With his autobiography Instrumental, James Rhodes may well have achieved the impossible - writing a first-hand account of child abuse and its terrible legacy that is not just desperately needed, but is also readable and, well, even funny.
Many of this collection are love stories. Invariably, they have a happy ending. However, there's one where the relationship is put on hold and is more romantic tragedy than comedy. Don't worry, I won't spoil the surprise by telling you which one it is.
Bloomsbury have published the much awaited new novel by William Boyd. I've had a copy of Sweet Caress for weeks but was waiting until closer to the publication date to write this review. Trouble is, I was told the 10th September. And they released it on August 27th. And now, of course, you've all read it, haven't you?!
This book will have you laughing out loud one minute, then firmly raising your eyebrows the next. She surely has another book in her (not to mention a screenplay) - I'd like to see her focus on her family, especially her relationship with her well-meaning but misguided mother.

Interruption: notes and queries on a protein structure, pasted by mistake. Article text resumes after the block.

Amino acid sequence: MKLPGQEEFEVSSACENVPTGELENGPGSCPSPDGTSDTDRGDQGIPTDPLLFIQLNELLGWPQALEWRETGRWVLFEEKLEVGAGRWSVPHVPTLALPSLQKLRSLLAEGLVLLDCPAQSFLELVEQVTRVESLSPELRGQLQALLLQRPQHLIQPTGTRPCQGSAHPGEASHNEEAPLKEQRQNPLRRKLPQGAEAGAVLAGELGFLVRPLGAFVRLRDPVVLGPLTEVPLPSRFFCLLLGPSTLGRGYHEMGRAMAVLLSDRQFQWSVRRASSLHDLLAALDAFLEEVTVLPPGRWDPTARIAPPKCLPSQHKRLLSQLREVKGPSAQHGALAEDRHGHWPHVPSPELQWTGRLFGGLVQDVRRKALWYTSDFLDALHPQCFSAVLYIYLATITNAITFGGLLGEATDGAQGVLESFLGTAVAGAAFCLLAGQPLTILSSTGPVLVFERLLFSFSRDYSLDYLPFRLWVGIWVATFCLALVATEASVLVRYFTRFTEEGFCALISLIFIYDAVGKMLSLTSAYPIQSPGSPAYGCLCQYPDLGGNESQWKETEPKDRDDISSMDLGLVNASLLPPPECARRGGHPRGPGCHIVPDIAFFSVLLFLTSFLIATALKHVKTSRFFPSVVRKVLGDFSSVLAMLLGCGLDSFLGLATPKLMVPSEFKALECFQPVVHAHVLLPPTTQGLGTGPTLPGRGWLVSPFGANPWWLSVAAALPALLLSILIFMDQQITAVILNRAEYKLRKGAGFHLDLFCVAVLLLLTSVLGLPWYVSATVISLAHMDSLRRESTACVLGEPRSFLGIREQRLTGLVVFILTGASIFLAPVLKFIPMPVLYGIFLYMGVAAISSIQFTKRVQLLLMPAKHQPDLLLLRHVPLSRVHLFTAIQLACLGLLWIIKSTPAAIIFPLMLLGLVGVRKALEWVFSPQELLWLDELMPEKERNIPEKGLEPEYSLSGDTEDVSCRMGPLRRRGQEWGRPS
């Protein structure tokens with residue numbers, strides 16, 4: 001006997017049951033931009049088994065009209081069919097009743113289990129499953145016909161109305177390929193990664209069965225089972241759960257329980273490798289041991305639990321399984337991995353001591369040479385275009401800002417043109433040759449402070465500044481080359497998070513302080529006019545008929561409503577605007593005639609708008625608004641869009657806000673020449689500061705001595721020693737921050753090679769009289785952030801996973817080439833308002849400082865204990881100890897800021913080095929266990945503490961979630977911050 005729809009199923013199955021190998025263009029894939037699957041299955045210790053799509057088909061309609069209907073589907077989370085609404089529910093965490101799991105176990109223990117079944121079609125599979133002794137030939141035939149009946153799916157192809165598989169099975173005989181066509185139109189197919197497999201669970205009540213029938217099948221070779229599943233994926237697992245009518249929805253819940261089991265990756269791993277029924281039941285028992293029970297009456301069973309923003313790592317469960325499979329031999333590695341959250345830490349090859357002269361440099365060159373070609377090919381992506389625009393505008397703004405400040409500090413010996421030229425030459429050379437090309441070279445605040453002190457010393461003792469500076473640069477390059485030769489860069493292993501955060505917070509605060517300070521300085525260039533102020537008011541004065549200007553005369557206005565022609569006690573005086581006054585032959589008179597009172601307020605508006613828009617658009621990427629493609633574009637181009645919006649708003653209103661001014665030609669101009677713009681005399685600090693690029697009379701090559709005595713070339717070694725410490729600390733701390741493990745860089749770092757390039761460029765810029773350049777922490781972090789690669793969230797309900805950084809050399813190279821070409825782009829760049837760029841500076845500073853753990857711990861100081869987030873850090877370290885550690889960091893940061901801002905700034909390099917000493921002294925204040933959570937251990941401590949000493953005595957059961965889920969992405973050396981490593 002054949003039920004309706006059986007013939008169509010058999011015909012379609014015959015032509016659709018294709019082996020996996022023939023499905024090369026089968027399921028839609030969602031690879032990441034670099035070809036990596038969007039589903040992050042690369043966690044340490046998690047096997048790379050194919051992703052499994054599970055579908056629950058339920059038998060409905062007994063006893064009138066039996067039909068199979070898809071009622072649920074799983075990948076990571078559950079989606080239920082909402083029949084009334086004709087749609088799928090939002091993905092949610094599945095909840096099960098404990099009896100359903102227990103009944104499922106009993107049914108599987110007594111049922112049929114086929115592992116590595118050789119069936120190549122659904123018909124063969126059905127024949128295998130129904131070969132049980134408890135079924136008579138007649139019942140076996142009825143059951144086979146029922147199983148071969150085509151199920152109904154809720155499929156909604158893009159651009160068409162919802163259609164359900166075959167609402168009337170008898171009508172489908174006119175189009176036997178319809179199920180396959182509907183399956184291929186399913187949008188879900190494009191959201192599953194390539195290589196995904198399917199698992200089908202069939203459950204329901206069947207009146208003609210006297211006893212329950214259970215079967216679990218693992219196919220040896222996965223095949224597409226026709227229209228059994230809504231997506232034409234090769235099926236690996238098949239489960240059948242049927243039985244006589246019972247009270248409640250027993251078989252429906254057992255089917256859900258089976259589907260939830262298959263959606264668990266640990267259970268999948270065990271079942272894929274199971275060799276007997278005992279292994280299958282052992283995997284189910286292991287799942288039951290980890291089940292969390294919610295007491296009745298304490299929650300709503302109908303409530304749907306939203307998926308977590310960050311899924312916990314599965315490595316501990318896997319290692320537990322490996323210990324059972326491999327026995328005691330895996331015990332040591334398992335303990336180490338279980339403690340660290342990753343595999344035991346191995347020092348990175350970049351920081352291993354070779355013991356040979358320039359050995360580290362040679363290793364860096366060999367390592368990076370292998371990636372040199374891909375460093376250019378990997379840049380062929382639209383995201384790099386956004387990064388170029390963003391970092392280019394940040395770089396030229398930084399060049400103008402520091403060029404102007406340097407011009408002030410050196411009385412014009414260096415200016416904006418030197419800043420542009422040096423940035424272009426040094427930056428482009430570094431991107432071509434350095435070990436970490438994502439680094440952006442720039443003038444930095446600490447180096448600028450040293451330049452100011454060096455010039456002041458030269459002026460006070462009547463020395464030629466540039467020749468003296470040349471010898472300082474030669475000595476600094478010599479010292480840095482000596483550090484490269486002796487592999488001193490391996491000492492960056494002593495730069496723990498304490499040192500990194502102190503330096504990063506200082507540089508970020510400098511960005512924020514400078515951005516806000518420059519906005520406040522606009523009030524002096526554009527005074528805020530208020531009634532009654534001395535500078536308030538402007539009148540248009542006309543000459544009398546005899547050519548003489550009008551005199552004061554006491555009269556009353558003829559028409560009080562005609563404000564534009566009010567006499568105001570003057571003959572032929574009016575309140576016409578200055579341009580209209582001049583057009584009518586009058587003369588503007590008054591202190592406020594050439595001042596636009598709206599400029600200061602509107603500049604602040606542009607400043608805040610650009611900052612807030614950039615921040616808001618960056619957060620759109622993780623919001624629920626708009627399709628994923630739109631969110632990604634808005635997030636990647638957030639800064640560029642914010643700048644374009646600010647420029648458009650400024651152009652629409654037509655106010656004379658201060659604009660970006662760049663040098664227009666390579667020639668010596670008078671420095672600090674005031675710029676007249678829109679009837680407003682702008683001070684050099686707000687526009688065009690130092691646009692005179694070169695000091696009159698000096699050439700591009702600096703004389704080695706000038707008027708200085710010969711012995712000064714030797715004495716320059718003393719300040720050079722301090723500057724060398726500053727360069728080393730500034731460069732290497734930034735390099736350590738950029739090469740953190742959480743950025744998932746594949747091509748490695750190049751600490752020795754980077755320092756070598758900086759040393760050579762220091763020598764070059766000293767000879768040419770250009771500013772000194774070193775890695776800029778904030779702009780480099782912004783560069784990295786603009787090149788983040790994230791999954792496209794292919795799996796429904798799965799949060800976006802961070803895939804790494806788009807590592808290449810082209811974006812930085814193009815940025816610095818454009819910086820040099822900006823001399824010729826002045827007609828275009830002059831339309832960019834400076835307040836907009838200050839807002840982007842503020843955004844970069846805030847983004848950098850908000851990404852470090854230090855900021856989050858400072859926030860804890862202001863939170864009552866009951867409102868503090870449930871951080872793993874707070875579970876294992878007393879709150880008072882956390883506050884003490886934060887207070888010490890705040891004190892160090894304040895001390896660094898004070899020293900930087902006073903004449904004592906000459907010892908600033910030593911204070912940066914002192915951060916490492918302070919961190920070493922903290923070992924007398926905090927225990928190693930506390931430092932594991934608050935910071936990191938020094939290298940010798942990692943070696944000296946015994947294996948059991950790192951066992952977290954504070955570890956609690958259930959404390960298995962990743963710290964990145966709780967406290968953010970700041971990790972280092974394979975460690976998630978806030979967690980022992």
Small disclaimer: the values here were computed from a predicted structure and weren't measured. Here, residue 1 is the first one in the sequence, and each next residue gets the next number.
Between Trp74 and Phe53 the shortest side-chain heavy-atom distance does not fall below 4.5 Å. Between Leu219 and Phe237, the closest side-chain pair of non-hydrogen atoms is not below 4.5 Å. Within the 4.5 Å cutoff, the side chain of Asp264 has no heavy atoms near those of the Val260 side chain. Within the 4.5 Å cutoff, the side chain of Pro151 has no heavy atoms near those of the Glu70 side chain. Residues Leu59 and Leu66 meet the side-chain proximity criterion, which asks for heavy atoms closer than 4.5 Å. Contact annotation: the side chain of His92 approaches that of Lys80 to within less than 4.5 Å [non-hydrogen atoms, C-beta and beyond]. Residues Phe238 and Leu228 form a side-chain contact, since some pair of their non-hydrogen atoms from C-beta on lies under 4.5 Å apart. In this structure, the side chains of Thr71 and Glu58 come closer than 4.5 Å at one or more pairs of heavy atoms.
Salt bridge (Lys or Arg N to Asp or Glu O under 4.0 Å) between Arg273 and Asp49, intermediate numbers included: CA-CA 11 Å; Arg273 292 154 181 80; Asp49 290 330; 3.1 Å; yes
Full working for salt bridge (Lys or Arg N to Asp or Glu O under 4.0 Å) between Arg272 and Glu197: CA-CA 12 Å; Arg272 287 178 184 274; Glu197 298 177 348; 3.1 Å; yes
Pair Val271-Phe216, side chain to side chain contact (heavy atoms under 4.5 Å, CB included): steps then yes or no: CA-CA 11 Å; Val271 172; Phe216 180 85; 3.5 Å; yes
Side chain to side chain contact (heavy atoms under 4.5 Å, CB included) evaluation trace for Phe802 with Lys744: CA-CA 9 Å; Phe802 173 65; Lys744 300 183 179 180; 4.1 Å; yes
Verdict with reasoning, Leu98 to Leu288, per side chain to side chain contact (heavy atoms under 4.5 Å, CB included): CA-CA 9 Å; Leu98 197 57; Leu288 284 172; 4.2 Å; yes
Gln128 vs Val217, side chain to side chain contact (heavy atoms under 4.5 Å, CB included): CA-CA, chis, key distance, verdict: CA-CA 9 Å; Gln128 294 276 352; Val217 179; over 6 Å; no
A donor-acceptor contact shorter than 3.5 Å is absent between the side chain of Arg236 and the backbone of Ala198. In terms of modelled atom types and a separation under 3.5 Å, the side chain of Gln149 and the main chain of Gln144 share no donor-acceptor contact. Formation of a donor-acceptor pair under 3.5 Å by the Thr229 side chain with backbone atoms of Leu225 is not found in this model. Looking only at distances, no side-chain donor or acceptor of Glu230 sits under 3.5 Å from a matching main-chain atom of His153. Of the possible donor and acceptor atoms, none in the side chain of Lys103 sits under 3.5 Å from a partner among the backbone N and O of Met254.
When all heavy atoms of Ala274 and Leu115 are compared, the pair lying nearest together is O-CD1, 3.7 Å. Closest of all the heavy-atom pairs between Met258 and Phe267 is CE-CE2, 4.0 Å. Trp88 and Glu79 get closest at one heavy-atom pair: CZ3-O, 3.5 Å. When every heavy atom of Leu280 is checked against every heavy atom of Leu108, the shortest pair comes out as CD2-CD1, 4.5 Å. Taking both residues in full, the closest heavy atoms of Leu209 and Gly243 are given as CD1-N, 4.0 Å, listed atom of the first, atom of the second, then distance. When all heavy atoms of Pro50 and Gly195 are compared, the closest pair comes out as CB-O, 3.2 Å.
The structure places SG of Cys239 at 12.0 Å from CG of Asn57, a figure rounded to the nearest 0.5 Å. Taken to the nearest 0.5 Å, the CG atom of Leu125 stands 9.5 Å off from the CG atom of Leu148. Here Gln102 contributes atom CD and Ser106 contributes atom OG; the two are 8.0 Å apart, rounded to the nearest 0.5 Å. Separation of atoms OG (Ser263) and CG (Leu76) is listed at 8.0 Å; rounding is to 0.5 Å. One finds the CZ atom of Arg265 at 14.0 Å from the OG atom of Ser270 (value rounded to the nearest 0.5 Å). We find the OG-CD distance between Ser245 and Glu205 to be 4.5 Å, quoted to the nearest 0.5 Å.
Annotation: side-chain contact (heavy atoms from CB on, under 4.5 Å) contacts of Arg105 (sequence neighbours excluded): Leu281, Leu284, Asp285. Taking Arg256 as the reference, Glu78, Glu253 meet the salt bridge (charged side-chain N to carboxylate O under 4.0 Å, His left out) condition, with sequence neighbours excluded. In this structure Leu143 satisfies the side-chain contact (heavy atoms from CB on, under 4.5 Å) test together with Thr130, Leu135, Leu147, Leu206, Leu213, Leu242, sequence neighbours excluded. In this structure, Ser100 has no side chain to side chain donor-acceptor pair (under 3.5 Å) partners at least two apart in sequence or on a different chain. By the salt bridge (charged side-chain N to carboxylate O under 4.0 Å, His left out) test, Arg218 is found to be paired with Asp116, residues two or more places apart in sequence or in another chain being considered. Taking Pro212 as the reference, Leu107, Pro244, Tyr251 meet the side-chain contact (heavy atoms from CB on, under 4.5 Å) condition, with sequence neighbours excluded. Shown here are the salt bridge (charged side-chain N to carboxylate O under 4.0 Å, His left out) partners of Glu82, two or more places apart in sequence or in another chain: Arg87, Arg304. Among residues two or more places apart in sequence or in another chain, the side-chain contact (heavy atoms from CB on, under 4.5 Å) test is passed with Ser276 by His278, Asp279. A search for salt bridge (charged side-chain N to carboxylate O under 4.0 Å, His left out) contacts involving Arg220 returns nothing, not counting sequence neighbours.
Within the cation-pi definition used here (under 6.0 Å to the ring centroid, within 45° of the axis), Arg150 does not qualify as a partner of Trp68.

Today, 60 years on, Guinness World Records - as it was renamed in 2001 when it was finally sold by the brewery - continues to top the best-sellers lists. In 1974, it overtook Dr Benjamin Spock's Baby and Child Care as the biggest selling copyrighted title of all time, and it remains the world's best-selling annual book, with accumulated sales to date of more than 132 million copies.